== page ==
Just imagine what happens if you’re surrounded by a bunch of happy, content, relaxed, and joyful human beings. It’s impossible that these people’s hormones, heart rhythms, breathing rhythms, energies, thoughts, and emotions won’t affect you. You will literally be infected by their positive vibes.

Psychological states (such as happiness or misery) are contagious. Let’s look at even more research to back this up.

Oh, and check out this video with a great explanation of HRV coherence and how the study above exactly worked (watch it):

Happiness Is Contagious

Harvard researchers followed 4,739 people for 20 years, measuring how siblings, friends, neighbors, and social networks are affected by the happiness of others.

Some of their findings include:

  • If a friend who lives within half a mile of you gets happy, your chances of happiness increase by 42%.
  • If that happy friend lives a mile away from you, your chances of happiness increase “only” by 25%.
  • Siblings who live close to a happy sibling increase their chances of happiness by 14%.
  • Next door neighbors of a happy person get a 35% higher likelihood of happiness.

Dr. Christakis, one of the authors of this study, explains about the findings, “You would think that your emotional state would depend on your own choices and actions and experience, but it also depends on the choices and actions and experiences of other people, including people to whom you are not directly connected. Happiness is contagious."

His co-author, James H. Fowler, adds, "We need to think of happiness as a collective phenomenon. If I come home in a bad mood, I may be missing an opportunity to make not just my wife and son happy, but their friends."

Happiness is a collective phenomenon. The happier the people around you, the happier you will be as well.

And just imagine, if one happy friend can increase your chances for happiness by 42%, what can two, five, ten, or fifty happy friends do for you? Also, imagine what two, five, ten, or fifty unhappy, grumpy, annoyed, sad, or otherwise psychologically negative people in your environment can do.

There’s no doubt that your environment has a huge impact on your levels of happiness. Let’s now look at a couple of ways you can mold your environment to become more happiness-supporting.

How to Create a Happiness-Supporting Environment

Four strategies to make use of the information presented in this article:

Don’t be a dick to other people. If you’re alienating other people, you are really harming yourself. For every time you’re making someone feel bad, their psychological state now negatively influences you and pulls you down. That means: don’t condemn others, don’t scream at them, don’t belittle them, don’t embarrass them, don’t make them feel guilty, don’t make them feel inferior. Bottom line, don’t make other people feel bad - their negative feelings will only come back haunting you.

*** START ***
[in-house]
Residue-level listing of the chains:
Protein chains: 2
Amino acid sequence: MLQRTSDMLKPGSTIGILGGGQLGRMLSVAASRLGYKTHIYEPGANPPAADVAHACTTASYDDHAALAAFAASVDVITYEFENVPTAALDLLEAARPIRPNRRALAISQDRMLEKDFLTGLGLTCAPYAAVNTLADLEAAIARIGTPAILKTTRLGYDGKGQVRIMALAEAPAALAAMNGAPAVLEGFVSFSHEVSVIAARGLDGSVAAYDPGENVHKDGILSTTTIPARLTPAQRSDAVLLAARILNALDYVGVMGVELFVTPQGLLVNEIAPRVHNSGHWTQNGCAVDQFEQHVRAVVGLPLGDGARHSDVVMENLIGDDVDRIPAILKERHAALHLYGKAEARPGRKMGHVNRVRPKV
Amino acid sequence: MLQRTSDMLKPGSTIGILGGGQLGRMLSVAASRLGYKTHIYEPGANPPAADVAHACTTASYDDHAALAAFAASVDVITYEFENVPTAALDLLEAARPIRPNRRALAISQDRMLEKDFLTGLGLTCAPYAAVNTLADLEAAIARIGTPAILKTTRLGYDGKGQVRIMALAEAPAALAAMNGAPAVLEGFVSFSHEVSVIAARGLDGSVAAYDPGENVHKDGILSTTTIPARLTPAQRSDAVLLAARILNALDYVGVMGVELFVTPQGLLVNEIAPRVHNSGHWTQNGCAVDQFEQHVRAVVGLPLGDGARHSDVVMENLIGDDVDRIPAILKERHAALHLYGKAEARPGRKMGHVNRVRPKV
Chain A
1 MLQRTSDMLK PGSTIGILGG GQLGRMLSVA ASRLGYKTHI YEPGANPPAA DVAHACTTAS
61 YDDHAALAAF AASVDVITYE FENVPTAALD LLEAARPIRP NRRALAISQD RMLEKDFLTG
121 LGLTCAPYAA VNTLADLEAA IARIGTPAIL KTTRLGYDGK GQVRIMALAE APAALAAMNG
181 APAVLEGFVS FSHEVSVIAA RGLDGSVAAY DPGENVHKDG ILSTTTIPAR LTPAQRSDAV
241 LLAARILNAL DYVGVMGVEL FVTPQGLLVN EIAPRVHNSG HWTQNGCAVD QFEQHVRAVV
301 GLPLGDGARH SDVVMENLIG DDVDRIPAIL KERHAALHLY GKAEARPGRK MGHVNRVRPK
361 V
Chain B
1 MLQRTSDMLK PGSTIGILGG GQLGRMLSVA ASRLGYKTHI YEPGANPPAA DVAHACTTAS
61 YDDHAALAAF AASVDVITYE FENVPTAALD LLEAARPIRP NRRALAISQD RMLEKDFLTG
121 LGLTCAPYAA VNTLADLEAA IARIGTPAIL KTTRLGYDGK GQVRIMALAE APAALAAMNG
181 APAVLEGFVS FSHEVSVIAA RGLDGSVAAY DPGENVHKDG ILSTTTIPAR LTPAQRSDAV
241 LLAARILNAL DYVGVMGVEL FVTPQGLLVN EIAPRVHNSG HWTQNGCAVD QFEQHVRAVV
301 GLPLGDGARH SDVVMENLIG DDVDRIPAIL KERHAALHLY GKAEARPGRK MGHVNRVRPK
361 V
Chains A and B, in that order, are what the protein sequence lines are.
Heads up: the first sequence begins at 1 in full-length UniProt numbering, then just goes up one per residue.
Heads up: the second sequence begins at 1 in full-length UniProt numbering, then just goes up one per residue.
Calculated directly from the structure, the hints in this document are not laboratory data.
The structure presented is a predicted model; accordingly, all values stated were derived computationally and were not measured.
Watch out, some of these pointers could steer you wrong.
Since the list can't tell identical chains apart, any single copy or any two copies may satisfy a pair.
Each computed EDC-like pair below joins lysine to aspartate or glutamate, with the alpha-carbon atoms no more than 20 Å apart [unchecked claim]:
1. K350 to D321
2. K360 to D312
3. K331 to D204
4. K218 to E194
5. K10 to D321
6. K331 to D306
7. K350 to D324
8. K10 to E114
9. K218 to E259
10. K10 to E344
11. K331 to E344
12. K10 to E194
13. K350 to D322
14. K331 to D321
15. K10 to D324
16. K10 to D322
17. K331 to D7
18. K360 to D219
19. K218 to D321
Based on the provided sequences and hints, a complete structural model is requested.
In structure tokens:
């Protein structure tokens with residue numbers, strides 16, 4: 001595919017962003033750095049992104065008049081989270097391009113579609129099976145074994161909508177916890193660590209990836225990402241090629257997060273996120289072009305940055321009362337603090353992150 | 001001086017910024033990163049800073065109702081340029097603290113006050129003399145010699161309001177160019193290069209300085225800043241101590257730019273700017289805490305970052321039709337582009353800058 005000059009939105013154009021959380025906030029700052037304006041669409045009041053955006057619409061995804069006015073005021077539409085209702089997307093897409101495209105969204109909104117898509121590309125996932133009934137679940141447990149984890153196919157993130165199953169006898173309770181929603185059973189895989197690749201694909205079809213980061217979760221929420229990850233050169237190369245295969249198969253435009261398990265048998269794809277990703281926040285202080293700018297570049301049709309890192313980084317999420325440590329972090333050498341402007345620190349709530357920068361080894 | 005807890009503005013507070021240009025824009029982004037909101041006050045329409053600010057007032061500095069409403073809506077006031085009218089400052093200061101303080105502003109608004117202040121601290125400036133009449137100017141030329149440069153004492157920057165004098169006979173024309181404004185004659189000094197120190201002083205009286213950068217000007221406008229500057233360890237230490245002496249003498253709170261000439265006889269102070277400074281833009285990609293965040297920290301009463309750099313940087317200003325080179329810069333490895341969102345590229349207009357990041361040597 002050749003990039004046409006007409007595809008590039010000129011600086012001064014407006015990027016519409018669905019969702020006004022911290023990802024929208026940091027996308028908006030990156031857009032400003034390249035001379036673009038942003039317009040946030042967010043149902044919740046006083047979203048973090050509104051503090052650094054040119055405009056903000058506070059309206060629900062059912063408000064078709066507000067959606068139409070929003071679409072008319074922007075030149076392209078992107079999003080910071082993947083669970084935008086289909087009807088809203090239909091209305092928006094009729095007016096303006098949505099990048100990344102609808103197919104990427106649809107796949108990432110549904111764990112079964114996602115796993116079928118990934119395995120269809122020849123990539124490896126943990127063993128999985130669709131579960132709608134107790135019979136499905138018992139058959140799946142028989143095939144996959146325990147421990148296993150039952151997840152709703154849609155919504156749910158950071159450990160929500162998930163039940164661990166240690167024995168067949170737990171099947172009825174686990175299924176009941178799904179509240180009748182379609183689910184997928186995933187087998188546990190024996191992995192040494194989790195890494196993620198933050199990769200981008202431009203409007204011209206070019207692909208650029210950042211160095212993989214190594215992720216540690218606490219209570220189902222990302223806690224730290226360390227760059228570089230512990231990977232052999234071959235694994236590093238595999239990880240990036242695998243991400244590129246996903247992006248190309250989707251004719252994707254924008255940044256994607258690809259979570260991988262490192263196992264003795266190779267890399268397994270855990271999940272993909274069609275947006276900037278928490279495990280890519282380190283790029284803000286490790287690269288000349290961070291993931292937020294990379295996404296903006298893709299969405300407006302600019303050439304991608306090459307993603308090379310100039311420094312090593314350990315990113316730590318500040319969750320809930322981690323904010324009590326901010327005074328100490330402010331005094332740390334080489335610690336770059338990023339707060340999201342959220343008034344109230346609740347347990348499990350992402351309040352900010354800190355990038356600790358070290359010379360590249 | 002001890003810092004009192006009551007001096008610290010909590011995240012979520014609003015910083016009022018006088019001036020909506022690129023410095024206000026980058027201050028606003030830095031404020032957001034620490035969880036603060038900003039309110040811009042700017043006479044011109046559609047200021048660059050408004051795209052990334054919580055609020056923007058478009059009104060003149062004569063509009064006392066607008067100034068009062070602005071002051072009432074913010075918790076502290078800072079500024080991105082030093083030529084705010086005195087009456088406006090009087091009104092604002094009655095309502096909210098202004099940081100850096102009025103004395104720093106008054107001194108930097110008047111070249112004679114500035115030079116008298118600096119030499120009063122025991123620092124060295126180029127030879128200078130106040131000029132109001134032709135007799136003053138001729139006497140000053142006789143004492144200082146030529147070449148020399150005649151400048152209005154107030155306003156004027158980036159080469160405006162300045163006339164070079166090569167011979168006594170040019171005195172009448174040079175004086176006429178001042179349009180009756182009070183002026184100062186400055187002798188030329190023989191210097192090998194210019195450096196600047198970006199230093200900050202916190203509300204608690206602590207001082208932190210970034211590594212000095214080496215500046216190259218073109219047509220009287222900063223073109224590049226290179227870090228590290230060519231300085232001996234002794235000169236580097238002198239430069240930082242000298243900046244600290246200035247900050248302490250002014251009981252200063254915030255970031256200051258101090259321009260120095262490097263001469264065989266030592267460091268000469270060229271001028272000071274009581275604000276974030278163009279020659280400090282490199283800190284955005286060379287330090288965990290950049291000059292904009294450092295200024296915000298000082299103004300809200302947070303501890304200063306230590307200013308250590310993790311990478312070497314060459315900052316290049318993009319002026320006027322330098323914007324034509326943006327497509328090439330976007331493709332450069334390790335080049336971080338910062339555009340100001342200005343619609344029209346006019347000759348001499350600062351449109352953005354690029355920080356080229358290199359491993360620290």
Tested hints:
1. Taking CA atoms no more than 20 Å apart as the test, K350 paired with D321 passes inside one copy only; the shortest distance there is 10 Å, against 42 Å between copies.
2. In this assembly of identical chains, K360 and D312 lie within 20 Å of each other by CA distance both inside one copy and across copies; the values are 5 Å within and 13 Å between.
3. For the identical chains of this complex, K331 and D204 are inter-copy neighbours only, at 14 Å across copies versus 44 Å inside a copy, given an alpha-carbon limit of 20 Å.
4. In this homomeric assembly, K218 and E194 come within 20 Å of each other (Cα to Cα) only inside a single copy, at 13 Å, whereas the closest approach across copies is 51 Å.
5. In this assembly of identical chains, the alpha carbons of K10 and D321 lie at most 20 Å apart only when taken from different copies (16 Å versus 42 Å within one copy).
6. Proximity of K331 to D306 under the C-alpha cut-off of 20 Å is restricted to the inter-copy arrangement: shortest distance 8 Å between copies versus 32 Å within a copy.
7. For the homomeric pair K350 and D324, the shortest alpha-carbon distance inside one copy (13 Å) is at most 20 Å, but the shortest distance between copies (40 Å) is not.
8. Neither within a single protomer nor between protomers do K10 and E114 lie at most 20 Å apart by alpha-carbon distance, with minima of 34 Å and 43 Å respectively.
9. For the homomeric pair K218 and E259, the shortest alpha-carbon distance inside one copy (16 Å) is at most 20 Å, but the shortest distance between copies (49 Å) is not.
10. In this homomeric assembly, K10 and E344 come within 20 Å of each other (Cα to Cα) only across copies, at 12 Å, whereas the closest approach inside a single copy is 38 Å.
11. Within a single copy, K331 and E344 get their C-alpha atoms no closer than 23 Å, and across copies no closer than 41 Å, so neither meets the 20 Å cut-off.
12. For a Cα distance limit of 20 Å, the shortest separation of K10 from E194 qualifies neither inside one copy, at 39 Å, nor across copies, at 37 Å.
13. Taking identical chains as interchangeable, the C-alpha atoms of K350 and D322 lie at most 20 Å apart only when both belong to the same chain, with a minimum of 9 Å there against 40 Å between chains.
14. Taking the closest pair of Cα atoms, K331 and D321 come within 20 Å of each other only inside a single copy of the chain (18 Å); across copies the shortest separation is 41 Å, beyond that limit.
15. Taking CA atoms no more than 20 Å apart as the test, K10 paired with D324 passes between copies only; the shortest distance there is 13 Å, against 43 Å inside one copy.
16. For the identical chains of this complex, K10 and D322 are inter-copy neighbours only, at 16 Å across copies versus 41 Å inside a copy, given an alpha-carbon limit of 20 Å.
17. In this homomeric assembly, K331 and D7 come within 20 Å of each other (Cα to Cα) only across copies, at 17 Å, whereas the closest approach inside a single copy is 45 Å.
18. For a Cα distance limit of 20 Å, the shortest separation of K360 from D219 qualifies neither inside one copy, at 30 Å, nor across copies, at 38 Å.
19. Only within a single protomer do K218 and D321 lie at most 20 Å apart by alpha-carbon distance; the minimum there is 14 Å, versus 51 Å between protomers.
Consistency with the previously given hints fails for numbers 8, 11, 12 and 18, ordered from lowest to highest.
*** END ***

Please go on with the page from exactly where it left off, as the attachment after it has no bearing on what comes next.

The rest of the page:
Make other people happy. Not making others feel bad is just the first step. What about actively trying to make them feel good? For when you make people around you happy, their happiness will infect you and lift your spirits. Therefore, always try to make the people around you better off: make’em a compliment, let them know you appreciate them, do something nice for them, help them out when they’ve got a problem, listen to them. (Go first.)

Get rid of negative people (or spend less time with them). If someone is constantly bringing your mood and energy down, tell them to man up or read a book about optimism or something. If they don’t change, either spend less time with them or just cancel the friendship. You don’t want to be infected with all that negativity.

Be happy yourself. Last but not least, work on your own happiness (science offers lots of practical strategies). Remember, you are being influenced by the environment around you, but since you’re part of the environment, you are also influencing it. By bringing your own happiness up, you increase other people’s happiness which will then again bring your happiness up and so on. It’s like Gretchen Rubin, author of The Happiness Project, says, “One of the best ways to make yourself happy is to make other people happy; One of the best ways to make other people is to be happy yourself.”

What I love about all of this is its controversy. On the one hand, you’re being selfish because your goal is to be happy (after all, you could also be completely unselfish by offering yourself as food to a starving grizzly bear). On the other hand, that selfishness forces you to become unselfish and care for the well-being of others. Because being happy is only possible if your environment is in good shape as well.

Now it's your turn. Let me know how you're going to use the information in this article in the comments below.​

P.S. For more on happiness, check out my guide on becoming happier: 26 Science-Based Strategies To Be Happy​

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Nils Salzgeber

Nils Salzgeber is the author of two books and co-founder of the popular NJlifehacks blog. He is passionate about anything that helps him become a more peaceful, productive, and loving version of himself. After quitting university twice, he has recently gone back to get a psychology degree. Nils lives in Thun, Switzerland.